As the next roll of film was being loaded, a thin belt separated from wherever it was supposed to be.  The microfilm machine was broken. It was the only machine there and it was ancient. The volunteer said she will try to get it repaired and call me when it is. She also said I can keep the rolls of film there as long as I need them. That is only good if I have a machine to view it through.

Family Search plans to digitize all of their records during the next two years.  They also plan to discontinue sharing microfilm in August of this year. I do not hold out much hope for the repair of the machine, unless a local volunteer can do it.   Below is what I found.

 

Know all men by these presents that we, Joe Turner and Emma Turner his wife of said state and county for and in consideration fo the sum of one hundred dolars to us paid this day by Edward H. Herbert and Louisa Herbert his wife do hereby bargain, sell and convey to the said Herbert and his wife Louisa the following described lots or parcels of land lying and being within corporate limits of the town of Hayneville in said county to wit a lot of about one acre lying west and broadside of the lot now owned and occupied by the said Herbert extending west to a street running north and south by the residence of John P Streety, a lot a strip of land about twenty yards wide south of the above described lot and the said lot owned and occupied by the said Herbert containing one half acre more or less; also a lot known as the Stewart lot commencing at the south west corner of the lot on which H a Rinadi’s house stands, running east thirty five yards, thence south to a street running east and west from the residence of John P Streety by the County jail and up by the Methodist Church, thence west thirty five yards thence north to the beginning containing one acre more or less, also a lot of three fourths of an acre mor or less bounded east by the said Stewart lot south of the street running east and west from the residence of John P Streety up by the jail and Methodist Church, west by a vacant lot owned by the said Streety and north of the east half of the strip of land above described; all of said lots containing three and a half acres more or less to have and to hold to them and their heirs and assigns forever.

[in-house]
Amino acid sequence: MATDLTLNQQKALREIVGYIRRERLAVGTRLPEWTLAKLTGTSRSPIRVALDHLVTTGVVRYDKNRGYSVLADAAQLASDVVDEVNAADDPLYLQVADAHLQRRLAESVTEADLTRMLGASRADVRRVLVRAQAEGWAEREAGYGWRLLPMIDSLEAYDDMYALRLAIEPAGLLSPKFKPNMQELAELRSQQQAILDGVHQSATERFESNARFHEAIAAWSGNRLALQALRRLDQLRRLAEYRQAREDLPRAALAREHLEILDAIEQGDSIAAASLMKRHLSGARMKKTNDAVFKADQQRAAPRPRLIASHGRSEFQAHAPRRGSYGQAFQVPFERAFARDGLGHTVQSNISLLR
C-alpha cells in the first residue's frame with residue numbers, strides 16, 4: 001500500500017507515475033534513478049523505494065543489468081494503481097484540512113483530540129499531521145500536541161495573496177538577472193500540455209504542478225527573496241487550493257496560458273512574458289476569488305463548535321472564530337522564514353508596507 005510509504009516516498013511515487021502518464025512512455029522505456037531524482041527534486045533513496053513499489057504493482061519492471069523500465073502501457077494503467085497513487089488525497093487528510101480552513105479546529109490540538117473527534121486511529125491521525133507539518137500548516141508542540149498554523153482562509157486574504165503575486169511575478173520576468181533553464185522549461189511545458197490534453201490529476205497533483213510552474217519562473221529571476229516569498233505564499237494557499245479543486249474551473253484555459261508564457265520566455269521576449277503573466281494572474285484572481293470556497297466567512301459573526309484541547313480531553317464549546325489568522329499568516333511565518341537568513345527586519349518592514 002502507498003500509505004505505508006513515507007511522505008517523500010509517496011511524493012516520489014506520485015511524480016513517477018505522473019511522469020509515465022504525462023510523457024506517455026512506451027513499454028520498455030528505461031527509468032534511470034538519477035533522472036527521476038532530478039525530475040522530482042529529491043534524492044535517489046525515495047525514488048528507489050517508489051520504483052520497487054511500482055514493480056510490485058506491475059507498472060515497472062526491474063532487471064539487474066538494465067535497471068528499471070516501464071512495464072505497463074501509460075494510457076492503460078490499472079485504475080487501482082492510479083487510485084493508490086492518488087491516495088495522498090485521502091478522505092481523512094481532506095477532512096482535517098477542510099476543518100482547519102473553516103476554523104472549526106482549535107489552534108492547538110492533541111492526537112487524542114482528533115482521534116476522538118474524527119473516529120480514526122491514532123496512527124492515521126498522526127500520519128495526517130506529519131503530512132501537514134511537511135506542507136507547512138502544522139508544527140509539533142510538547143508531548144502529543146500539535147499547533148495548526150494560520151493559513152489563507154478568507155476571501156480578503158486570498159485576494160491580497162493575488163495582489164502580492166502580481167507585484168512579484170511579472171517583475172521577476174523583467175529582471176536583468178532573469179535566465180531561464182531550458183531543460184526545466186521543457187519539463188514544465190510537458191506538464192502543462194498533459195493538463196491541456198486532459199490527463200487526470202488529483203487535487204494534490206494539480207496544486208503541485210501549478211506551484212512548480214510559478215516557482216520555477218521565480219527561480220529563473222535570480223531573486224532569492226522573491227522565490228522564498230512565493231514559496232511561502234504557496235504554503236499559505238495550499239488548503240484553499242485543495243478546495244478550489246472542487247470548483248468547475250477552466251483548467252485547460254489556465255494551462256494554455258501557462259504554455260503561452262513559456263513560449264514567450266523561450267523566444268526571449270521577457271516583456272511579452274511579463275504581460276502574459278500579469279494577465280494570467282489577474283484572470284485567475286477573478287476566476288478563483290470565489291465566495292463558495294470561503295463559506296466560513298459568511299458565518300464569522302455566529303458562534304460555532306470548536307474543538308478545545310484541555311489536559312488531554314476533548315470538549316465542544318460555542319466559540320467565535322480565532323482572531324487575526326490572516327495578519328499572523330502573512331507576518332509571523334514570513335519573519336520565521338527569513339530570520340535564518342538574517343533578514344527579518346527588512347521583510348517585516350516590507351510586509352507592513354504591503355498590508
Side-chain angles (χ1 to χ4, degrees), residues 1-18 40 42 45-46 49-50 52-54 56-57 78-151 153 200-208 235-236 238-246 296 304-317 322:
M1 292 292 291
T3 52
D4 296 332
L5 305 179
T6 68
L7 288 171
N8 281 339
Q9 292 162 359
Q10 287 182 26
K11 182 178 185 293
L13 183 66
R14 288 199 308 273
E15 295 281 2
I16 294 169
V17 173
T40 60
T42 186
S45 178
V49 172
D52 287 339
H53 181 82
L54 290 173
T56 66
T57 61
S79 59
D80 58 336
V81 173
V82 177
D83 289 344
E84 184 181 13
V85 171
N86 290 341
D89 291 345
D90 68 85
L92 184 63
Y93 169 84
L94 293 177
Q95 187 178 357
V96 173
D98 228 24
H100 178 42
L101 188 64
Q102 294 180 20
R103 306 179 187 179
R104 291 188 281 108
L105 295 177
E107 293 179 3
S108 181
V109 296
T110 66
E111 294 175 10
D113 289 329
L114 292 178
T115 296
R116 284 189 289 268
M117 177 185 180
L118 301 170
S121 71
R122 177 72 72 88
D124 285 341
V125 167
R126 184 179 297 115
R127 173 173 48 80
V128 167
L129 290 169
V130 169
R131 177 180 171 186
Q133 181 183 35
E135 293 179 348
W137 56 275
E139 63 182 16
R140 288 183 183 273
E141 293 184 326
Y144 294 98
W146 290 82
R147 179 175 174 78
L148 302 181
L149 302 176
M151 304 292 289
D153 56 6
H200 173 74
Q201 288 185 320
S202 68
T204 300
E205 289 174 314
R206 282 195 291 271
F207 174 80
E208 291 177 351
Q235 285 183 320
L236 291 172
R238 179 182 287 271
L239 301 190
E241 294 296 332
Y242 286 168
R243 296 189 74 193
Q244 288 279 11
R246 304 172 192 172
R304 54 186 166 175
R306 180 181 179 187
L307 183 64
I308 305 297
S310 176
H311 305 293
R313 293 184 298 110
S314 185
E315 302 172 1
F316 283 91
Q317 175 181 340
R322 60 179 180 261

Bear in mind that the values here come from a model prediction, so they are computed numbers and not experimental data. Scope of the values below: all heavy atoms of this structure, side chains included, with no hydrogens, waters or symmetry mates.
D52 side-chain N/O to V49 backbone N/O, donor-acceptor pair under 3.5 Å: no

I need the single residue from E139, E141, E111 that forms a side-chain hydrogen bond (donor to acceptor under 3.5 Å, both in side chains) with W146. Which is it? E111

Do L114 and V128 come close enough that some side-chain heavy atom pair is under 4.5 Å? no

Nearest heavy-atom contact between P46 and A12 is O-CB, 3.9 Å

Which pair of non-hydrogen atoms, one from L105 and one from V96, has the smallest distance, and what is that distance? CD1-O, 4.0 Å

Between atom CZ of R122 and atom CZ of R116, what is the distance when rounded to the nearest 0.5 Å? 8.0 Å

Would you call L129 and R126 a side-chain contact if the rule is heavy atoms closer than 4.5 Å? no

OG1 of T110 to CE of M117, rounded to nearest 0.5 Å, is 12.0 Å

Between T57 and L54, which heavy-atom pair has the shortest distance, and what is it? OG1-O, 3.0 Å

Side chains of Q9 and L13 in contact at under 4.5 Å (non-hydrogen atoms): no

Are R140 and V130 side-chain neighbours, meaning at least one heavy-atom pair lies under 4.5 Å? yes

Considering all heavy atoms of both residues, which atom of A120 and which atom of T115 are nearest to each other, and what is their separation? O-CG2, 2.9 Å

Witness our hands and seals this 9th day of January AD 1872.

Signed and delineated in presence of W.H. Taigler  R.McQueen

Plat map with easy to read additions by me.

Joe X (his mark) Turner. Emma Turner

 

 

Joe Turner Constable -1871, Lowndes County Alabama

In 2003 I purchased a copy of the book “Lowndes Court House – A Chronicle of Hayneville, an Alabama Black Belt Village 1820 – 1900”, a book of reminiscences by  Mildred Brewer Russell. In the chapter “Reconstruction And After, 1865 – 1900 I found my great great grandfather, Joe Turner, mentioned as one of the Negro (sic) politicians.  After that I tried to find what sort of politician he was, what office he held.  I could not find anything.

From “LowndesCourt House – A chronicle of Hayneville – an Alabama Black Belt Village 1820- 1900” Page 127 By Mildred Brewer Russell

Last week on Ancestry.com, I found the following information. Joe Turner was elected as constable on November 7, 1871.

Google defined a constable as “…a peace officer with limited policing authority, typically in a small town.”

In 1874 Reconstruction ended in Alabama, resulting in loss of voting rights and the ability to hold elected office for black people.

Here is an interesting timeline that traces how the right to vote and hold public office was taken away from black men in Lowndes and neighboring counties. “The More You Know: A History …”  It wasn’t until 1970, 99 years from 1871, that African American John Hulett was elected  sheriff in Lowndes County.

You can read more about Joe Turner in these posts:

Timeline for Joe Turner

Joe Turner in the 1853 Probate Record for Wiley Turner

Joe Turner, Land, Mules and Courts

Emma and Joe Turner of Gordensville, Lowndes County

Joseph Turner’s Will

There were at one time 4 flourishing schools…

 

Two Coffins Betsy and Austin – 1859, Estate of Wiley Turner

Betsy was about 26 years old when she was listed with her daughter Caroline in the inventory of the estate of Wiley Turner. It was February 2, 1852. Betsy and Caroline were valued at $800.00. On the list below them were eight year old Phillis ($375) and three year old Peggy ($225). They seem to be a family group.

Further down the page Austin is listed. He was 16 years old and valued at $800.

Two pages from the 4 page list of the enslaved on the Wiley Turner plantation. Joe, age 15 was my 2X great grandfather.

On January 26 and 27 of 1859, Betsy was visited by Doctor Pritchett. The cost of the visits was $2.50. On February 6 and 7, Doctor Pritchett visited Austin.

On January 29, 1859 a coffin was purchased for Betsy.  She was 29. On February 8, 1859  A coffin was purchased for Austin. He was 22. Each coffin cost $5. I do not know what they died of.

I found the two coffins listed in the estate file among a list of payments given out from the estate in early 1859. If I had not gone page by page through the file, I would have missed these, as I did when I looked through it last year and only looked for lists of the enslaved.

I found all of these documents in the Estate file of Wiley Turner, deceased, on Ancestry.com.  My 2 X great grandfather, Joe Turner came off of this plantation. Click on the documents to enlarge.

Enslaved & Freed Turners from the Wiley Turner Plantation

For the past week I have been immersed in the Turners who came off of Wiley Turner’s plantation in Lowndes County Alabama.  My 2X great grandfather, Joe Turner, came off of that plantation.  Wiley Turner died in 1851 without a Will and so his estate was probated. The case dragged on for twenty years. There are multiple lists of the enslaved, the first in 1852.  I wrote about the one from 1853 here. The others were from 1856, 1857 and 1865.  There were also the 1850 and 1860 slave censuses, which give no names but age, sex and color (“mulatto” or “black”)